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The Warsaw Voice » Business » March 29, 2012
Business & Economy
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Looking at the Baltic Sea from the Chinese Highlands
March 29, 2012   
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“During the Baltic Business Forum, we would like to start discussing how to include China in the development strategy for the Baltic Sea and ponder the role Poland should play in the process,” says Jacek Piechota, former economy minister, president of the Baltic Business Forum Association.

What strategy should Poland adopt in its business relations with China?
We need to prove to the Chinese authorities and Chinese business that Poland is a good base for doing business in this part of Europe. Hungarians came up with their “Black Sea Strategy for China” in which they argued that investment in this part of Europe was best done via Budapest. Beijing liked the document a lot. During the Baltic Business Forum 2012, we would like to start a serious discussion on how to include China in the development strategy for the Baltic Sea. Poland has all it takes to be a springboard for Chinese investment in the Baltic region. However, Polish policy-makers are still convinced that Poland should not help the Chinese get in touch with other countries, in case we disappear among this international crowd. I, on the other hand, believe that Poland’s economic and personal relations with Chinese investors allow us to safely introduce them to markets in Eastern Europe. That is how we could change the view from the Chinese highlands: you can see Northern, Central and Eastern Europe from up there, but you cannot see Poland.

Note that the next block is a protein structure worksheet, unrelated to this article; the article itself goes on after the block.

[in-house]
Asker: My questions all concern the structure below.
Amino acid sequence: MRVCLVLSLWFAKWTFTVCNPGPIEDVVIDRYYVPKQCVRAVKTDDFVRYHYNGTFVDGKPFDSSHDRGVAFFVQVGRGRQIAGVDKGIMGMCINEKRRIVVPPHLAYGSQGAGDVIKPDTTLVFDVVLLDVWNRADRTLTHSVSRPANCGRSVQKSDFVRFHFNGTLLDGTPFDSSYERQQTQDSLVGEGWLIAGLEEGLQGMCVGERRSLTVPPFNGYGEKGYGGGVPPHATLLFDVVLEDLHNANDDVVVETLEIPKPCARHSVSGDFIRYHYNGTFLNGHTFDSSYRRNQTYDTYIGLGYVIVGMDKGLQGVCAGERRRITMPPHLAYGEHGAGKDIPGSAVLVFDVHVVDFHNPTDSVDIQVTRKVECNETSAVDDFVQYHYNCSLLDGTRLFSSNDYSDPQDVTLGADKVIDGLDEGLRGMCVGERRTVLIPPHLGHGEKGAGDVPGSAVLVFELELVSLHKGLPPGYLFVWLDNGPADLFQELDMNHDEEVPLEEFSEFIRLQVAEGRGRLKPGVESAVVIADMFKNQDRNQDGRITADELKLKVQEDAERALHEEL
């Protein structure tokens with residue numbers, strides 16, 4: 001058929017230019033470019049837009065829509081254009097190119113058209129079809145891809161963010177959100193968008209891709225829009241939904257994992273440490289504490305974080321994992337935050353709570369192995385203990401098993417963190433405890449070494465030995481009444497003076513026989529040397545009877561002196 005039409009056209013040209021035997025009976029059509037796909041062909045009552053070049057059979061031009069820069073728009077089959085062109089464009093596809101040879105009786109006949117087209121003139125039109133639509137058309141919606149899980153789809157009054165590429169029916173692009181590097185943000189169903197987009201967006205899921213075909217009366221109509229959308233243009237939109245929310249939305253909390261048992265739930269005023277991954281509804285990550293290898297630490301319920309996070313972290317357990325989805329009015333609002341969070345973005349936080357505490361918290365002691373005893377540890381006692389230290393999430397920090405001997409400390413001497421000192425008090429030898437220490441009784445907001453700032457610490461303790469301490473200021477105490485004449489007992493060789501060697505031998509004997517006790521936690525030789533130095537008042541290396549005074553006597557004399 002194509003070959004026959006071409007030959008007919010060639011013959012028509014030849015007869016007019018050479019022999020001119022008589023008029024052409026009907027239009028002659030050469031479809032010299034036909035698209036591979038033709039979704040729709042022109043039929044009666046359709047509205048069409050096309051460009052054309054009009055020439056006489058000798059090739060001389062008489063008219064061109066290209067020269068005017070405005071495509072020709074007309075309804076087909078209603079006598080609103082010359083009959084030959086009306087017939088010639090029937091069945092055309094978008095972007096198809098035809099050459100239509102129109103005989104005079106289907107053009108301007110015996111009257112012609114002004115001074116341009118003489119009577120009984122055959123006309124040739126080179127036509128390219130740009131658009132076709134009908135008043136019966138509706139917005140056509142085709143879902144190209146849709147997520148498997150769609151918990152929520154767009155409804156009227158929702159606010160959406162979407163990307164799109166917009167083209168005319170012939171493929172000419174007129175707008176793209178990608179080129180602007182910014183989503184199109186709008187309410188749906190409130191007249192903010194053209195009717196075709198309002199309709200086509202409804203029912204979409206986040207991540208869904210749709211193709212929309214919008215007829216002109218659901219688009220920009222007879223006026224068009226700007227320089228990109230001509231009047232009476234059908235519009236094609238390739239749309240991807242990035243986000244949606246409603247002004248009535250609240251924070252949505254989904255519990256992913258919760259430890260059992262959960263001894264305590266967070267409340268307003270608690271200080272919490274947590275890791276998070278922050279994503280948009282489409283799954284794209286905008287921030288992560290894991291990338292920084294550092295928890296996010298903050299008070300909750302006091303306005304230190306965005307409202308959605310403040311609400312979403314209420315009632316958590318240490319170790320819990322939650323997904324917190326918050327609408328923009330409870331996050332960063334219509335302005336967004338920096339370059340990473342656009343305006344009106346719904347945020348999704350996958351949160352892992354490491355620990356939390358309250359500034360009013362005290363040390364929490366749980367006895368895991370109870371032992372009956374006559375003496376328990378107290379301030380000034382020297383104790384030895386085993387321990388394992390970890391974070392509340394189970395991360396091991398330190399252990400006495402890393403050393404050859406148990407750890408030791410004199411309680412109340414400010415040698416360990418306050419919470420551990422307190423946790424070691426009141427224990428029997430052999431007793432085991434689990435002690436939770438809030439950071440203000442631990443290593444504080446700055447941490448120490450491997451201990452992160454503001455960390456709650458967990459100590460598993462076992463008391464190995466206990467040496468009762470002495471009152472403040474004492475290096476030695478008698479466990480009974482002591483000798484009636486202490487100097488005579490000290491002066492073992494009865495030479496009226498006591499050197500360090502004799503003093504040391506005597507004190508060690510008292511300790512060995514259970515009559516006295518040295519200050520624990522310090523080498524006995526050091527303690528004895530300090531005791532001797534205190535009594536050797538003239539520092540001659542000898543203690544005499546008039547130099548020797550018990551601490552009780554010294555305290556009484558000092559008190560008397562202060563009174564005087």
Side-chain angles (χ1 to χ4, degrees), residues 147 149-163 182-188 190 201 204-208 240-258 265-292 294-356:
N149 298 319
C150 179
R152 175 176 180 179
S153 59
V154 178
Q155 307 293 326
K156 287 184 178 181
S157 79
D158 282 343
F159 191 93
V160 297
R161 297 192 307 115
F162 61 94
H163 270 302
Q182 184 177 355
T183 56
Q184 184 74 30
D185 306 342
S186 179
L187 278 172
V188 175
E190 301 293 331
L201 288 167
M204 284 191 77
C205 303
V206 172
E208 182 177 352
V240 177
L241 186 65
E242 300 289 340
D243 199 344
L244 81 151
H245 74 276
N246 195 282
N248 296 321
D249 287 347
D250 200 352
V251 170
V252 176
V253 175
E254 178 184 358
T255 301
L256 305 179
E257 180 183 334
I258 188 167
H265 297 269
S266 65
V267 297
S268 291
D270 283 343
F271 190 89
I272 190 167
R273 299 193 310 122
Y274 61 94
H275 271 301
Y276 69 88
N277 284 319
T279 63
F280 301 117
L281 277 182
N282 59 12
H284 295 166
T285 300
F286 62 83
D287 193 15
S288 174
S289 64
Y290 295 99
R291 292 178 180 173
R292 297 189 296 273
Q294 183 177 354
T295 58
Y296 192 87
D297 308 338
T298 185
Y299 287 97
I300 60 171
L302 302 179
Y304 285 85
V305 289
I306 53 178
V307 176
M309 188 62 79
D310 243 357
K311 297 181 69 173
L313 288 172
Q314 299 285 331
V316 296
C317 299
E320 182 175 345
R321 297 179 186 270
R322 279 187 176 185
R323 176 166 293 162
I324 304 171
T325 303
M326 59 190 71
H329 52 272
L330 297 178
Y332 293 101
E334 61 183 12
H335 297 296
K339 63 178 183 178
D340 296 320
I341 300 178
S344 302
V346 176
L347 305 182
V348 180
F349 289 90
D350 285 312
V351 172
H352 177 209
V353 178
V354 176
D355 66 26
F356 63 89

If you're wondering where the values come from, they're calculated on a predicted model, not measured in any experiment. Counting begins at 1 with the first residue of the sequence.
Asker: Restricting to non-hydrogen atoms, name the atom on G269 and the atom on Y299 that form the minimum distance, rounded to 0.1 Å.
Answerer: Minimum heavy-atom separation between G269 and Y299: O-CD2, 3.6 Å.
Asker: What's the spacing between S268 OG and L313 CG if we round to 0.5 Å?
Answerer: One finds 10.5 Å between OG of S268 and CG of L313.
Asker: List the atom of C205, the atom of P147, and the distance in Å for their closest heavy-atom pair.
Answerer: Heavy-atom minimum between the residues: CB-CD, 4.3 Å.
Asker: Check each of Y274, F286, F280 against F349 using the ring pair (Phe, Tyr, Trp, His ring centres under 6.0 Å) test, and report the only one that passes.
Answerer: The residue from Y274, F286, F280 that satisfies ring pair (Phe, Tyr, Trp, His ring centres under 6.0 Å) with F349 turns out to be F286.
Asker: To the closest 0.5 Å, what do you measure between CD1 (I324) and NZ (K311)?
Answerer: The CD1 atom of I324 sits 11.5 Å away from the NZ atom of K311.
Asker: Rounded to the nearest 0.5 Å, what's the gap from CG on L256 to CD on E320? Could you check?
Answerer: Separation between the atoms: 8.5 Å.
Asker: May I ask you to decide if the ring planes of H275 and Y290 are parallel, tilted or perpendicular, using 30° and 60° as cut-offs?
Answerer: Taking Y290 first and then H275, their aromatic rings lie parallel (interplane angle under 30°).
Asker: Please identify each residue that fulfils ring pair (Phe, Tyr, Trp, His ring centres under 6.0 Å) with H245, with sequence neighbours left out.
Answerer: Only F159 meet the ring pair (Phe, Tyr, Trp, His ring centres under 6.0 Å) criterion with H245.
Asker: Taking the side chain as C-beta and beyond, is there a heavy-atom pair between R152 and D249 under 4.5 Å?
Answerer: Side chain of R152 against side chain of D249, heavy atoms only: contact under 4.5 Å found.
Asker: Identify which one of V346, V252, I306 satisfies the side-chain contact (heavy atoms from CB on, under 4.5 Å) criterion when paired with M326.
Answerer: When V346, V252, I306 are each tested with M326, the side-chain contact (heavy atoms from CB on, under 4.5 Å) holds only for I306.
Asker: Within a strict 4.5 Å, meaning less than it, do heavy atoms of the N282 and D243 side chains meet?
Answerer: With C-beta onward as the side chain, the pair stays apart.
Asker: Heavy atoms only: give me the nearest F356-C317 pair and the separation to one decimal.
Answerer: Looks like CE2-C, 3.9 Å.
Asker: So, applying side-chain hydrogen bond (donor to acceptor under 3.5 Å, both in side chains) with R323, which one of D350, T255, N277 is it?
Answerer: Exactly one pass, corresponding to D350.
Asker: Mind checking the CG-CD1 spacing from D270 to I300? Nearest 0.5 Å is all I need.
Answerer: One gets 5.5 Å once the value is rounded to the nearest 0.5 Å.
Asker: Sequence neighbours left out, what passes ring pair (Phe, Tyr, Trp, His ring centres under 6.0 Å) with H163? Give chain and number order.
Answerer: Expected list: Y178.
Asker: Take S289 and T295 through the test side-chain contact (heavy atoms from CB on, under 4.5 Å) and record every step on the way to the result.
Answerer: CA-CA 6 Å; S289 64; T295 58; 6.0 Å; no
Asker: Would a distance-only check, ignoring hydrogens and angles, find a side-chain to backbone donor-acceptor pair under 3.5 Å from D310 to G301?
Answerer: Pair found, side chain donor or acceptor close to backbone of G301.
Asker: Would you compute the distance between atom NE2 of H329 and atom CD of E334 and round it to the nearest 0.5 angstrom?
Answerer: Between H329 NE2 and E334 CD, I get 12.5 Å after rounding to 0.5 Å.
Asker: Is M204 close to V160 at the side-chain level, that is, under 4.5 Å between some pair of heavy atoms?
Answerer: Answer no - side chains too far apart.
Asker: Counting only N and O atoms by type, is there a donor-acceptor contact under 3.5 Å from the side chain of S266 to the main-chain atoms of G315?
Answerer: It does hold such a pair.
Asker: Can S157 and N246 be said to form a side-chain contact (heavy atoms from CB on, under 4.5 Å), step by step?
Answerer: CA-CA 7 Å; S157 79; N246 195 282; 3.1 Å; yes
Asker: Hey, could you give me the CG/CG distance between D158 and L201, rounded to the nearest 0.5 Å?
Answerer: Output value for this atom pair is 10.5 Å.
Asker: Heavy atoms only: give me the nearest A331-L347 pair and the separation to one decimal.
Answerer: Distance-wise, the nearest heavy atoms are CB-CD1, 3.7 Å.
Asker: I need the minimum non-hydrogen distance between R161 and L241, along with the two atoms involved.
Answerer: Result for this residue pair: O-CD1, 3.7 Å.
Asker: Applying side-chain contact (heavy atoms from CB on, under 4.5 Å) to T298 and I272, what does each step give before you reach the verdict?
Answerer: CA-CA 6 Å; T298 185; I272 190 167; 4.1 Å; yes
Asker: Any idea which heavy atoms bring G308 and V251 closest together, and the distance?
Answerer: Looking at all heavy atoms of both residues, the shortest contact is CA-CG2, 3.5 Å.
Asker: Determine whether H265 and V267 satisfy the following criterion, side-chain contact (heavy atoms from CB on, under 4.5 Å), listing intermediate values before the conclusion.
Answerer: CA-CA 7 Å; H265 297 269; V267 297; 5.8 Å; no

Aren’t you concerned that Chinese capital might go on the offensive?
China is a country far away from here and there is no difficult history underlying our relations. Chinese investment could stabilize Poland’s situation by ensuring a more diversified mix of investors on the market. What is worrying is that Poland is doing nothing to become a major player in the competition for Chinese assets.

Nothing? Didn’t President Bronisław Komorowski’s recent visit to Beijing stimulate Chinese interest in Poland?
Before President Komorowski, the only such high-ranking Polish official to visit Beijing was Aleksander Kwa¶niewski and that was many years ago. China has since been visited extensively by the heads of other states. The truth is that Polish politicians failed to realize the potential in China. When I was economy minister in 2002, I flew on an official visit to China. My itinerary included meetings at the highest level, but then my visit was cut short when Prime Minister Leszek Miller summoned me to an urgent Cabinet meeting, arguing that I needed to return to Poland in conjunction with social unrest in Silesia. I remember how Ksawery Burski, the Polish ambassador in Beijing at the time, said to me: “Minister, the Chinese won’t forget this for the next 2,000 years.” When a minister cuts short an official visit and Poland is not struck by a disaster, revolution or civil war, the Chinese take it as an insult.
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